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Vacate and Seal Marijuana Convictions 

A citywide effort to vacate low-level marijuana criminal convictions that occurred in Denver before marijuana legalization.

Program Information & Application

You may apply by attending a clinic, or you may apply online. To apply online, see application buttons on main page.

If you are attending a clinic, download the application (English or Spanish), fill the application out and take it to one of the clinics. The applications can be found here: English or Spanish

Any low-level marijuana offense, committed in Denver, that was based on conduct now legal under current law, including possession of less than 1 ounce of marijuana. This program only applies to low-level marijuana crimes committed in Denver.

Low-level cases involving hemp, marijuana paraphernalia, or marijuana-infused products are also eligible.

If you are unsure if you qualify, please attend one of the clinics. The staff and volunteers will be able to review your case and determine eligibility.

The dates, times and locations of the clinics are:

Saturday, February 9
Denver Conflict Center
4140 Tejon Street
Denver, CO 80211

Sunday, February 24
Denver Park Hill Seventh-day Adventist Church
3385 Albion Street
Denver, CO 80207

Wednesday, March 6
Servicios de la Raza
3131 W 14th Avenue
Denver, CO 80204

Thursday, March 21
Cultivated Synergy
2901 Walnut Street
Denver, CO 80205

Saturday, May 18
Denver Broncos Boys and Girls Club
4397 Crown Blvd
Denver, CO 80239



Q. Can I have my record cleared if I live outside Denver?
A: If your low-level marijuana offense was committed in Denver, you are eligible to participate in the program. Denver can’t clear low-level marijuana crimes off your record that took place outside of Denver.

Q. What if I was originally arrested for possession of marijuana but ultimately pled guilty to a lesser charge, can I have the lesser charge vacated and sealed?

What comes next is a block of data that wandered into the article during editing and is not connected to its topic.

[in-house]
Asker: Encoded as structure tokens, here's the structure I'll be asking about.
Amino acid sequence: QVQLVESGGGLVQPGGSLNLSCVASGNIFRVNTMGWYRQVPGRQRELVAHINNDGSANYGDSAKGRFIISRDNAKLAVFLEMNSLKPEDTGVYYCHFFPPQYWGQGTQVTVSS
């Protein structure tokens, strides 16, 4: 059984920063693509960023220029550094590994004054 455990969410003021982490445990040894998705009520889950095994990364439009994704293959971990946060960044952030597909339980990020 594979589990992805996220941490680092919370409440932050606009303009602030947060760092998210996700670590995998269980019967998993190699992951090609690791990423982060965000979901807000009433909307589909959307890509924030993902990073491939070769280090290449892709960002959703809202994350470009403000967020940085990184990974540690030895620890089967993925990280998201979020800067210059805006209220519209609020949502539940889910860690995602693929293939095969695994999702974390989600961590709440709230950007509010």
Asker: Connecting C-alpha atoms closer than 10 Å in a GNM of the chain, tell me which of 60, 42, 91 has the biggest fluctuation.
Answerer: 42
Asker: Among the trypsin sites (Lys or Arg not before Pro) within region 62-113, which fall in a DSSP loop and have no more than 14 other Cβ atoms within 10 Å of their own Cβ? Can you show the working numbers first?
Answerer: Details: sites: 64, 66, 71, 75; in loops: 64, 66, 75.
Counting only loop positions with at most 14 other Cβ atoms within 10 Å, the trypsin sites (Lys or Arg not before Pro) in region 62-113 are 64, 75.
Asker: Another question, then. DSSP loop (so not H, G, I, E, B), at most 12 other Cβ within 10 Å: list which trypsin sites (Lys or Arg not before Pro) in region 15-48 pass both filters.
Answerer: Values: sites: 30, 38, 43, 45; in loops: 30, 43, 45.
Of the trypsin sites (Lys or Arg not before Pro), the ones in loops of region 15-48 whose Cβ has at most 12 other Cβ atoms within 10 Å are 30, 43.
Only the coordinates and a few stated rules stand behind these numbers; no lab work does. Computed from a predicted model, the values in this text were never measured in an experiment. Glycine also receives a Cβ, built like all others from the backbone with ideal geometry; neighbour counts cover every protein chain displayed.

A. Yes, as long as the original conduct is currently legal.

Q. Do people have to attend a clinic to have their records sealed?
A. No. Although we are hosting a series of clinics, people may also apply online. See online application on main page.

Q. What do people need to have with them at the clinics?
A. People must provide a government-issued photo identification, such as a driver's license, state-issued ID card, or U.S. passport.

Q. Why do people need to pre-apply?
A. The pre-application phase is not mandatory, but it can help expedite the process.

Q. Do I need an attorney?
A. No. Volunteer lawyers will be at the clinic to guide applicants through the process.

Q. What happens if someone qualifies?
A. Lawyers from the Denver City Attorney's office or Denver District Attorney's office will write a motion to vacate, dismiss, and seal the prior conviction. They will file that motion in court. A judge will then rule on the case without a hearing. The applicant will then be notified of the decision. If the motion is granted, the applicant's conviction will be vacated and the charges dismissed. The case then will be sealed.

Q. How long will the process take?
A. The motion will be filed within one or two business days. After that, it is up to the judge to decide. We anticipate that most cases will be decided within a few weeks.